handout picture released by the Jordanian Royal Palace on October 10, 2021 shows Jordan s King Abdullah II (R) receiving Lebanon s Prime Minister Najib Mikati (L) at al-Husseiniya Palace in the capital Amman. AFP
The visit to Jordan by Prime Minister Najib Mikati is his first to an Arab country since he formed his Cabinet last month. It comes after the premier's trips to France and Britain, as Mikati seeks their help.
Lebanon's economic crisis, unfolding since 2019, has been described by the World Bank as one of the worst in the world in 150 years.
More than 70% of Lebanon's population lives in poverty and the national currency is in a freefall, driving inflation and unemployment to unprecedented levels.
On Wednesday, Jordan agreed to supply Lebanon with electricity through Syria and work is underway for a timetable. Egypt has also agreed to supply Lebanon with natural gas to its power plants through Jordan and Syria.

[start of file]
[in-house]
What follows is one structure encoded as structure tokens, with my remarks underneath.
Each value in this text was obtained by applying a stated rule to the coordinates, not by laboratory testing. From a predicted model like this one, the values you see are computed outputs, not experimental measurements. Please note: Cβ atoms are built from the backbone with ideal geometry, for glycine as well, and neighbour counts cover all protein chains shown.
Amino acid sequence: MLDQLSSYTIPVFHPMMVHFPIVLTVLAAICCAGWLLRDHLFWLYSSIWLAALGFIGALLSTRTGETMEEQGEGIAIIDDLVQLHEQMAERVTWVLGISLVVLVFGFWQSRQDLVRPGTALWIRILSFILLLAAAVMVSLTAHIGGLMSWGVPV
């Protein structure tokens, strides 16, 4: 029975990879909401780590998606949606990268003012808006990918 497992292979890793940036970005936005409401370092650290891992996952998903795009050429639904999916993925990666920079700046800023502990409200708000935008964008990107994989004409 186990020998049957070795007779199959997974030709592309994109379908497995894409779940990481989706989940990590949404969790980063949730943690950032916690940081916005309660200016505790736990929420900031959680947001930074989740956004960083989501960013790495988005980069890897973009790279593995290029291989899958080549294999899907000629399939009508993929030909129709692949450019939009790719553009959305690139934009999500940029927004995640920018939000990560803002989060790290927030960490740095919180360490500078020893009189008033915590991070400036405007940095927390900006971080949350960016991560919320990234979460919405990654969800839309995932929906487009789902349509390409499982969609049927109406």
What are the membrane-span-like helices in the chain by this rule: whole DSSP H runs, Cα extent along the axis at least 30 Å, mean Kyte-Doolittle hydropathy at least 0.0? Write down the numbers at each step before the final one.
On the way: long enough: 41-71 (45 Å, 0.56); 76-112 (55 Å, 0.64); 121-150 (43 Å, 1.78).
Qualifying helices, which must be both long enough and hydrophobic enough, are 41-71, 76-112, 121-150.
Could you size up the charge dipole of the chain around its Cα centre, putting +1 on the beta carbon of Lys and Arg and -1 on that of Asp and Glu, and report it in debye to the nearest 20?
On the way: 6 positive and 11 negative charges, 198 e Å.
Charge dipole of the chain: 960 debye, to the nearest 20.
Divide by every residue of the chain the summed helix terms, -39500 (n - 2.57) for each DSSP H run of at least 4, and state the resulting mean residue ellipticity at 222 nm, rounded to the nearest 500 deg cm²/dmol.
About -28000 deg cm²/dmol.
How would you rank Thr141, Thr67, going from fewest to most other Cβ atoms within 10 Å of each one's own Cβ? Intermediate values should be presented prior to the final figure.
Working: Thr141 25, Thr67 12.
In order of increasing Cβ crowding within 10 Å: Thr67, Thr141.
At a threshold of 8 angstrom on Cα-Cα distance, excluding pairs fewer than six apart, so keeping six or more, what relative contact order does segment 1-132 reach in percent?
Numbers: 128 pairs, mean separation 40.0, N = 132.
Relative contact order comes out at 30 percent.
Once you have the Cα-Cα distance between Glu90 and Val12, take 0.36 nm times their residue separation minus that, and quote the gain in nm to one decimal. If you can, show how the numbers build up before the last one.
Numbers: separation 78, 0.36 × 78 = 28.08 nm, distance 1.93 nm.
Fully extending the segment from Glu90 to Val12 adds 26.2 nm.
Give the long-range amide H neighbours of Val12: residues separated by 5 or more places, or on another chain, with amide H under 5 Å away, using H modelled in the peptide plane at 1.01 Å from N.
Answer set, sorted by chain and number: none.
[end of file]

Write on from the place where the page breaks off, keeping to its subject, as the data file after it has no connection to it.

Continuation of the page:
Lebanon suffers electricity cuts for up to 22 hours a day and on Saturday the country's two main power plants were forced to shut down after running out of fuel. That left Lebanon with no government-produced power.
On Sunday, the Lebanese army gave emergency supplies of fuel to the two plants and they resumed work, according to Electricity Minister Walid Fayad.
Jordan's Royal Court quoted the king as telling Mikati that ``Jordan will always stand by the side of Lebanon and its brotherly people.'' It gave no further details but said the two officials discussed regional affairs as well.
Jordan's Prime Minister Bisher Khasawneh visited Lebanon late last month, and said there are efforts to provide Lebanon with some electricity from Jordan.